Like the raw food craze, juicing may have started as a West Coast trend, but it’s gained plenty of traction in Chicago, with companies like Peeled, JuiceRx and BluePrint promising to clean out your internal organs with their colorful concoctions. This spring, Chef Jared Van Camp and Element Collective (the team behind Nellcote, Old Town Social, Leghorn and Kinmont) join the fray, opening cold-pressed juice bar Owen + Alchemy in Logan Square (2355 North Milwaukee).

The newest player on the local cleansing scene is Cleanse Culture, founded by Nicole Kasal, formerly of JuiceRx. Cleanses can be as short as one or two days to as long as a week or more for the deepest cleanse. Standard cleanses are three days and that’s what I tried.

Eating is such a pleasurable part of my life, so I was skeptical and a little nervous to try cleansing. Skipping delectable wine dinners and dessert tastings was painful. But I was very curious as to how I would feel and how my body would respond. Would cleansing feel like deprivation or would I feel energized with radiant skin like models in advertisements would lead me to believe? Read the rest of this entry »

Manila Moment? Why Filipino Food Still Flies Under Chicago’s Radar

Filipino, Lakeview, River North, Trends & Essays No Comments »
Pancit canton at Sunda

Pancit canton at Sunda/Photo: Amber Gibson

By Amber Gibson

National food personalities like Andrew Zimmern have touted Filipino cuisine as an emerging  trend, but here in Chicago the scene still seems lacking. While there are several neighborhood Filipino eateries in Chicago, none have a particularly high profile. If Tanta has made Peruvian food mainstream, there’s no trendy River North equivalent for the Pacific island nation. Sunda arguably comes closest, albeit with a Pan-Asian label. However, there are more than a few chefs with Filipino heritage helming restaurants around town. Some of the creative dishes you’re chowing down on at restaurants like The Refinery, E+O, Sunda and Pecking Order have Filipino roots.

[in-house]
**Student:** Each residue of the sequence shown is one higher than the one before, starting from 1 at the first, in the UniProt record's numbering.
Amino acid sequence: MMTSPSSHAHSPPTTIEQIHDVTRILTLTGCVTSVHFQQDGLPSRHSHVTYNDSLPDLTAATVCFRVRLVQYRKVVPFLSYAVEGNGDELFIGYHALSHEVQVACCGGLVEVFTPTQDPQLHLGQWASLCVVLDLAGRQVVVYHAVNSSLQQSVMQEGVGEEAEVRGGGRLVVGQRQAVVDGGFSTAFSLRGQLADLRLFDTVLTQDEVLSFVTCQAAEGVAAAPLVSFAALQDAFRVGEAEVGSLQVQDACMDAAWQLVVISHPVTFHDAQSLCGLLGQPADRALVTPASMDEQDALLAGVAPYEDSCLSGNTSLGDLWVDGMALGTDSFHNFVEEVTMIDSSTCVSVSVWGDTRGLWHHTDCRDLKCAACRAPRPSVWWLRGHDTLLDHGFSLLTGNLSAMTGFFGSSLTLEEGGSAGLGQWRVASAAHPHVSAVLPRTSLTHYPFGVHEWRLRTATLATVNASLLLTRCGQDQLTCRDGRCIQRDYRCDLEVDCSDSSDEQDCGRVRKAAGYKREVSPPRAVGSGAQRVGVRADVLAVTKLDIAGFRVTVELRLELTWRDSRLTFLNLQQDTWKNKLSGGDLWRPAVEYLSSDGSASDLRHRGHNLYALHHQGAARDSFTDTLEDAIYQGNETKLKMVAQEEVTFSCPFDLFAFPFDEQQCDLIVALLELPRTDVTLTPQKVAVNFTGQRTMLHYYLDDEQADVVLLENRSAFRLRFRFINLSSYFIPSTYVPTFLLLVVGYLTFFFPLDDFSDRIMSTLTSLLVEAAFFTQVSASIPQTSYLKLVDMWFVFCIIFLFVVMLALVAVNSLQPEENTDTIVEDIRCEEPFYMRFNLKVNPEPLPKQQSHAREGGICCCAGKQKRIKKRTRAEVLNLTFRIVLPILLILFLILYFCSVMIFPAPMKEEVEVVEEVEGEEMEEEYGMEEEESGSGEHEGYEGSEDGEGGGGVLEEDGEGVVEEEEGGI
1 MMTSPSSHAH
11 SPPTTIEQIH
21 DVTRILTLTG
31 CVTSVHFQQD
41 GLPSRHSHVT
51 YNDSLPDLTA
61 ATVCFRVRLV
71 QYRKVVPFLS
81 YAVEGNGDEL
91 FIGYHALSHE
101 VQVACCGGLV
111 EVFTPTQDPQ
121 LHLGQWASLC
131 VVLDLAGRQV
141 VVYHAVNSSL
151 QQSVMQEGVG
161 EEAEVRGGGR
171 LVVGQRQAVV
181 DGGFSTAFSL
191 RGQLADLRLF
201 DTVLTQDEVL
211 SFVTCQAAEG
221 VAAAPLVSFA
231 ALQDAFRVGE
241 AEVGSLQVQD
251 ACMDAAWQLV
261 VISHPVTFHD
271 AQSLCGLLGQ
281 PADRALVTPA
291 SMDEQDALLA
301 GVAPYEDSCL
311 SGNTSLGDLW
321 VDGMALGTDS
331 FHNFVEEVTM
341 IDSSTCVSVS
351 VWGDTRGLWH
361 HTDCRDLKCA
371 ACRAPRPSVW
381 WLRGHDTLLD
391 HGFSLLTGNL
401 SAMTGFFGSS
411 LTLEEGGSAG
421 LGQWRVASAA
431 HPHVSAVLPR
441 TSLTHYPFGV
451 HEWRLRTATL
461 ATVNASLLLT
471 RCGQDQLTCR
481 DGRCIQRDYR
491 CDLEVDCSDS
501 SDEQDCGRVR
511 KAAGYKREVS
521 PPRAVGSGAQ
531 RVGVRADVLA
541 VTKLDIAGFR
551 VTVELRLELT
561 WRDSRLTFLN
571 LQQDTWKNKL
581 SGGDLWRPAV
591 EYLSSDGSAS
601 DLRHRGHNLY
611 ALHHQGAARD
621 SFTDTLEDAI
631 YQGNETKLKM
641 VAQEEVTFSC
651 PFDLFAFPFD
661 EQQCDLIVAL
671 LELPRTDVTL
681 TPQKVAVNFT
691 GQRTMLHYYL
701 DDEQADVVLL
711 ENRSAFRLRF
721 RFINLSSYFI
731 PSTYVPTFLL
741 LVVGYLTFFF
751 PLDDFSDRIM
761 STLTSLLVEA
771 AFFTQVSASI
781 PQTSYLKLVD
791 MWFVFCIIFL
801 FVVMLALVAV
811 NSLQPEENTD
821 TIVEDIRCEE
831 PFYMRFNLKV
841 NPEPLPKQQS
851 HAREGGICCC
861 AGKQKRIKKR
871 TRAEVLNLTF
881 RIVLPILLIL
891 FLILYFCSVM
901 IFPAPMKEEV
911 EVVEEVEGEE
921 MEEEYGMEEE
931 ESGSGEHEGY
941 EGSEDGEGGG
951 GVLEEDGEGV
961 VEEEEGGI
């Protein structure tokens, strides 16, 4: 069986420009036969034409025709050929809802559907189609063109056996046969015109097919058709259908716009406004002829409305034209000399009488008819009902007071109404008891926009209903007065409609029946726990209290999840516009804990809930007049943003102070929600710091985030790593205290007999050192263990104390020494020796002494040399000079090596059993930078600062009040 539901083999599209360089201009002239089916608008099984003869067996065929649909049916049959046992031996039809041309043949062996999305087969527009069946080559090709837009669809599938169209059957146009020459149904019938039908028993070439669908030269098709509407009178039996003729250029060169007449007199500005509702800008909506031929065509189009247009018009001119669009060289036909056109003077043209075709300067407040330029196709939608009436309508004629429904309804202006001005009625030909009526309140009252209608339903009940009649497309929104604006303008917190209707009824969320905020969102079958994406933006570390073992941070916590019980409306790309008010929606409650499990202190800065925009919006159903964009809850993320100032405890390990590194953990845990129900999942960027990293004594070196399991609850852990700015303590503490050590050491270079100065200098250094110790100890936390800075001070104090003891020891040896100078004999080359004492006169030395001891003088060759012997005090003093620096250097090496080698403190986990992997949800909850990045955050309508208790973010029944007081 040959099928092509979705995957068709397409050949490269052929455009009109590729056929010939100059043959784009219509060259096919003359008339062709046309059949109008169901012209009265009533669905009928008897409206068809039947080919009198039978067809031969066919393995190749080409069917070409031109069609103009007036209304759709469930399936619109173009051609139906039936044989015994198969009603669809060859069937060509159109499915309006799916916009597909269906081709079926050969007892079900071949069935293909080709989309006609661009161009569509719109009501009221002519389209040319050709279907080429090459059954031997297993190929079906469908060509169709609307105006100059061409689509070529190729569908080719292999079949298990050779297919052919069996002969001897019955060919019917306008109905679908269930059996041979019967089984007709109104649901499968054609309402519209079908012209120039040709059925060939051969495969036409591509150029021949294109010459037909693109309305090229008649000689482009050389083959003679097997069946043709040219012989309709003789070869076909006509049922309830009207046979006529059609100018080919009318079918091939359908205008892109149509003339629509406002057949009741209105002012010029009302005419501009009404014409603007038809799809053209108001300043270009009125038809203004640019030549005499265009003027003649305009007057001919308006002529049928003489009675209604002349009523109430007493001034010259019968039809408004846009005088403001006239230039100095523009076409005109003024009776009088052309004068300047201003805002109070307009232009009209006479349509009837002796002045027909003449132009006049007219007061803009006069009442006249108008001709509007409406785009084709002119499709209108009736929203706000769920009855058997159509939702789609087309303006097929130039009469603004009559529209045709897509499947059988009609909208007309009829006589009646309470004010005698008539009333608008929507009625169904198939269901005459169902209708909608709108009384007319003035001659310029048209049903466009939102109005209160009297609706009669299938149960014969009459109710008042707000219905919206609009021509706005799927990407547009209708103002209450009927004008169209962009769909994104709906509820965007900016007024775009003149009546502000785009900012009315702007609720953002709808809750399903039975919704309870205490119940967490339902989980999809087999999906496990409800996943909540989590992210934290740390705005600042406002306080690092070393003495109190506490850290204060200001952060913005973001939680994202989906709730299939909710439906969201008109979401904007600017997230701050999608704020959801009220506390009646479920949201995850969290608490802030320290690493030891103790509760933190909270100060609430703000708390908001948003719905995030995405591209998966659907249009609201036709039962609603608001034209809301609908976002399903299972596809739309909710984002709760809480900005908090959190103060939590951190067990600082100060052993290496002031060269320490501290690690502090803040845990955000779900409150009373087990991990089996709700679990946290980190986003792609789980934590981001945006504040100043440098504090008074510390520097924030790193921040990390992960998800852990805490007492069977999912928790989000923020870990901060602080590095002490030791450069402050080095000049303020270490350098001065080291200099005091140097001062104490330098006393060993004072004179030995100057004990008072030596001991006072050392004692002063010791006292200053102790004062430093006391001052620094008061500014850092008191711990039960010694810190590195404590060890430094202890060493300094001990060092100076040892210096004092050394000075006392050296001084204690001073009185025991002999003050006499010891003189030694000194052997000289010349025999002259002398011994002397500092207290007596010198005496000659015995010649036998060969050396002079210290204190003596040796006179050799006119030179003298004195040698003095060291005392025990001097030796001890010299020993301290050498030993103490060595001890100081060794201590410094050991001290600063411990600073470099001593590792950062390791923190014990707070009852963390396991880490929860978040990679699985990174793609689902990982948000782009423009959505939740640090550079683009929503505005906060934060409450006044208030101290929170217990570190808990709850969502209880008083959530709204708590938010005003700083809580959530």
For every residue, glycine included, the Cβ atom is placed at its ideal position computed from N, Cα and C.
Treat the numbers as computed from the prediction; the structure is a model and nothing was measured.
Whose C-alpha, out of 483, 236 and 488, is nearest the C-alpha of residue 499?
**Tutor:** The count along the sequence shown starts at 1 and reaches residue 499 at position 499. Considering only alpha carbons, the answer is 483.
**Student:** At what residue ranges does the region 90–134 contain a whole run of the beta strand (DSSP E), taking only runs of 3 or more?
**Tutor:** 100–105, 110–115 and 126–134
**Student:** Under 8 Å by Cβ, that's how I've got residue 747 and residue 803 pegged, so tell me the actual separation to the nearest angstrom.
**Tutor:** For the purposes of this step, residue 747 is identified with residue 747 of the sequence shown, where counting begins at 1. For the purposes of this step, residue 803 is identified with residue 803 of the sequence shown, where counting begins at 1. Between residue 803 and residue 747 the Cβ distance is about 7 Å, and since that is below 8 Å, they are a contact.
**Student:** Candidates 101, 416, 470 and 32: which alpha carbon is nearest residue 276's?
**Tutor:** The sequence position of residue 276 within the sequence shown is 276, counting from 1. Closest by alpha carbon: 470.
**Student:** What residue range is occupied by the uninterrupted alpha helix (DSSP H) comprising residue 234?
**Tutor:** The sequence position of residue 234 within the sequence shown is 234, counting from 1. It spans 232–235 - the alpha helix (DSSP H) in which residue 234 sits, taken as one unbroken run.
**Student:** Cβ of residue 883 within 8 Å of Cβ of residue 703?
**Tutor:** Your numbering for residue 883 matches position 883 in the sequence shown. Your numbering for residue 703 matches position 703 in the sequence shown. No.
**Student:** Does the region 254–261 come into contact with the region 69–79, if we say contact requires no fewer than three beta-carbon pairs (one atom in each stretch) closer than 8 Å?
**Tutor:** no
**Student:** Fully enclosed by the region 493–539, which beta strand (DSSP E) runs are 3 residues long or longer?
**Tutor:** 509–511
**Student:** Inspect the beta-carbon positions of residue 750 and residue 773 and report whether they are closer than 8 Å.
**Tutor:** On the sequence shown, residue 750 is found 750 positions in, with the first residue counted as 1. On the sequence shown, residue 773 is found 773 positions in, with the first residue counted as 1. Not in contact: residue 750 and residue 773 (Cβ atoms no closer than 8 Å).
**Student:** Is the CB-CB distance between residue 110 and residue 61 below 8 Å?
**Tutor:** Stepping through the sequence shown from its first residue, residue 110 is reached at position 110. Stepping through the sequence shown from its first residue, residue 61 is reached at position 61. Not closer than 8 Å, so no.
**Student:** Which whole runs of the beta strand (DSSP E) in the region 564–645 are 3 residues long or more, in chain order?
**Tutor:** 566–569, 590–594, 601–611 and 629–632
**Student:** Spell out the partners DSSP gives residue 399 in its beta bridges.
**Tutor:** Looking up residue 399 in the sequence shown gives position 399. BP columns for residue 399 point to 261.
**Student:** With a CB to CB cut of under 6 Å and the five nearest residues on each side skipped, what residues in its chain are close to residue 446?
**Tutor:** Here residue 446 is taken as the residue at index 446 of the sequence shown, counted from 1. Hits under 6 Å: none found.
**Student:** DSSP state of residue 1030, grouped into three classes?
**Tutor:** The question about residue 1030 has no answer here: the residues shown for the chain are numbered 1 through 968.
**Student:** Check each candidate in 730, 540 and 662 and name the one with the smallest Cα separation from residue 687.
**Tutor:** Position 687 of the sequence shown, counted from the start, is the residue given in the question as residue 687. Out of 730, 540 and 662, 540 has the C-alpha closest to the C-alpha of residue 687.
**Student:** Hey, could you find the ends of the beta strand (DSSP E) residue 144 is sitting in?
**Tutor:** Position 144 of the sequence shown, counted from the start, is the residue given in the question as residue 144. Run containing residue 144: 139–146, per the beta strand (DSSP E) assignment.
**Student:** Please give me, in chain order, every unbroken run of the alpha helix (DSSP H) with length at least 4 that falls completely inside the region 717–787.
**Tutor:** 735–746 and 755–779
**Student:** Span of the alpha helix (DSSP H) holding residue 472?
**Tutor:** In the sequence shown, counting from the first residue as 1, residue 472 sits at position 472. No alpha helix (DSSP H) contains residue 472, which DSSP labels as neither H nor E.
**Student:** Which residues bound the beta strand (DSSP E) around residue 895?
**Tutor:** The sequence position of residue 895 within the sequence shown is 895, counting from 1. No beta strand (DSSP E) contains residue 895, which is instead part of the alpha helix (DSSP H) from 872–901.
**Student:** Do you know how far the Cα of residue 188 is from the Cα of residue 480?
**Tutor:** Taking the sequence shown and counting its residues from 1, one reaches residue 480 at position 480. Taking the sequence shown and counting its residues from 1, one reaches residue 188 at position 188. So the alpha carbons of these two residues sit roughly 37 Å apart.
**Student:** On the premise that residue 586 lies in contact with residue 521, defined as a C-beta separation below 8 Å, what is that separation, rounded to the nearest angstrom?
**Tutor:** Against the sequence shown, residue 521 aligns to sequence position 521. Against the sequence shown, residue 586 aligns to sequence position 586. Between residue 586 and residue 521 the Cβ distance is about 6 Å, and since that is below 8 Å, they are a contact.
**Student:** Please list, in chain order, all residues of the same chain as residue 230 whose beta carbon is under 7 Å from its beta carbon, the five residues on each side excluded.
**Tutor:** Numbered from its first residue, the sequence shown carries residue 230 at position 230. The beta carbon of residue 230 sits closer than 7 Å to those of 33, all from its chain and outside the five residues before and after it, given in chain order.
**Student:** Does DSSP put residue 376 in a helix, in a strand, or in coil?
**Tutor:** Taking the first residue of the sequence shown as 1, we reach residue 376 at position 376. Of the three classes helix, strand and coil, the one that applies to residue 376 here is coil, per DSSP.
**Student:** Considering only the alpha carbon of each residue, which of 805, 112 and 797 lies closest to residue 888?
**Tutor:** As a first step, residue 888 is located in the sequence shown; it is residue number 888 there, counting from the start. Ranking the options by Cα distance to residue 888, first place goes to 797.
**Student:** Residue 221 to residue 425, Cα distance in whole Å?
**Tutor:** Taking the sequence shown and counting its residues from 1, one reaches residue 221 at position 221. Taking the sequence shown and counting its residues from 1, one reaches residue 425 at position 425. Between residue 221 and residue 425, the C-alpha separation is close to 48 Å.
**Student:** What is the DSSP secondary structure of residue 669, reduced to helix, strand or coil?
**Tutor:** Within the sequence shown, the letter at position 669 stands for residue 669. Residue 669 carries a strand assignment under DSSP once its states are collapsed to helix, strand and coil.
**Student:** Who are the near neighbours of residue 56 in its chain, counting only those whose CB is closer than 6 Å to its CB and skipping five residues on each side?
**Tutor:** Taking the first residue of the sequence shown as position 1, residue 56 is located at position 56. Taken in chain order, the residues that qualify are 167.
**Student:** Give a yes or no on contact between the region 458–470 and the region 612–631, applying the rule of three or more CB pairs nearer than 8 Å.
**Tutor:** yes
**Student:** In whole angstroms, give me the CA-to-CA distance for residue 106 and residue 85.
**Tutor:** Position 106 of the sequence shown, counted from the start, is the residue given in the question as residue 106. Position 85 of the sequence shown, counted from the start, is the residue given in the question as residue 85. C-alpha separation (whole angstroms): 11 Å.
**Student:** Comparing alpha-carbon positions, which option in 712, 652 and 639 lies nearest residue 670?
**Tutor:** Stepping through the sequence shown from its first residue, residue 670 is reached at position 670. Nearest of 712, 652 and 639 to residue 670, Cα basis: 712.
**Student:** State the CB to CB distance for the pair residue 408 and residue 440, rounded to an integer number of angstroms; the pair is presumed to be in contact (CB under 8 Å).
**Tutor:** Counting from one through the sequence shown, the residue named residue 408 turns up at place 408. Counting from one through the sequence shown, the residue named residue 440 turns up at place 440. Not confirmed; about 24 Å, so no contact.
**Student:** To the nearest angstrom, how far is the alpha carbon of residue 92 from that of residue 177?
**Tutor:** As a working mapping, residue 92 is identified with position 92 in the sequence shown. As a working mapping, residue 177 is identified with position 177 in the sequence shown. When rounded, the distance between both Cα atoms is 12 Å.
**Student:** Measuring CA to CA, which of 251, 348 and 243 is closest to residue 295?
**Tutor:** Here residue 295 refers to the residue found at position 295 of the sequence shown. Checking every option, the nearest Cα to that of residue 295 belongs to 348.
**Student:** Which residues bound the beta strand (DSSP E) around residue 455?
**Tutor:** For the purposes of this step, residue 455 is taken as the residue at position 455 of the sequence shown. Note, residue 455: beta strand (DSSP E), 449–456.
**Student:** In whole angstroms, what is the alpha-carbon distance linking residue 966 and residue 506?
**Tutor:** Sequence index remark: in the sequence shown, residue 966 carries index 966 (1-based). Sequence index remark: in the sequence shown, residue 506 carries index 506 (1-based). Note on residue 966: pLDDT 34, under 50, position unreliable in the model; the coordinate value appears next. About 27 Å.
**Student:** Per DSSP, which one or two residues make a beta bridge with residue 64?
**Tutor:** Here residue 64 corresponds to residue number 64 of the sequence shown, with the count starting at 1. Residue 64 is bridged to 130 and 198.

Rodelio Aglibot, one of the most prominent Filipino chefs in town, is known for his “new Asian” cuisine. He brought Filipino food into the spotlight when he opened Sunda in 2009. Now, he’s helming the kitchen at E+O in Mount Prospect, where the eclectic menu includes steak, sushi and pizza along with a few Filipino signatures.

Read the rest of this entry »

Sugar Freedom: Chef Homaro Cantu and his Magnificent Miracle Berry Obsession

Trends & Essays, West Loop No Comments »
Photo: Michael Silberman

Photo: Michael Silberman

By Amber Gibson

Chef Homaro Cantu can make cheesecake without sugar, fat or cheese. Instead, all he needs is a spoonful of non-fat sour cream, a lemon wedge and a miracle berry tablet. Lemon and sour cream might not sound like dessert, but the miracle of the berry is that it makes these two ingredients taste better than Eli’s Cheesecake.

Cantu, a molecular gastronomer, among other things, has spent more than eight years researching the rare miracle berry, which temporarily makes sour things taste sweet. At a recent cooking class at his Michelin-starred Moto restaurant, he demonstrated to wide-eyed guests how easy miracle berries are to use.

“You just made cheesecake in a split second,” Cantu tells his class of fourteen students, after they diligently squeeze several drops of lemon juice over their servings of non-fat sour cream. After exchanging incredulous looks, one by one each person eats a miracle berry, then tries the sour cream. It’s unanimous. This stuff tastes good. Read the rest of this entry »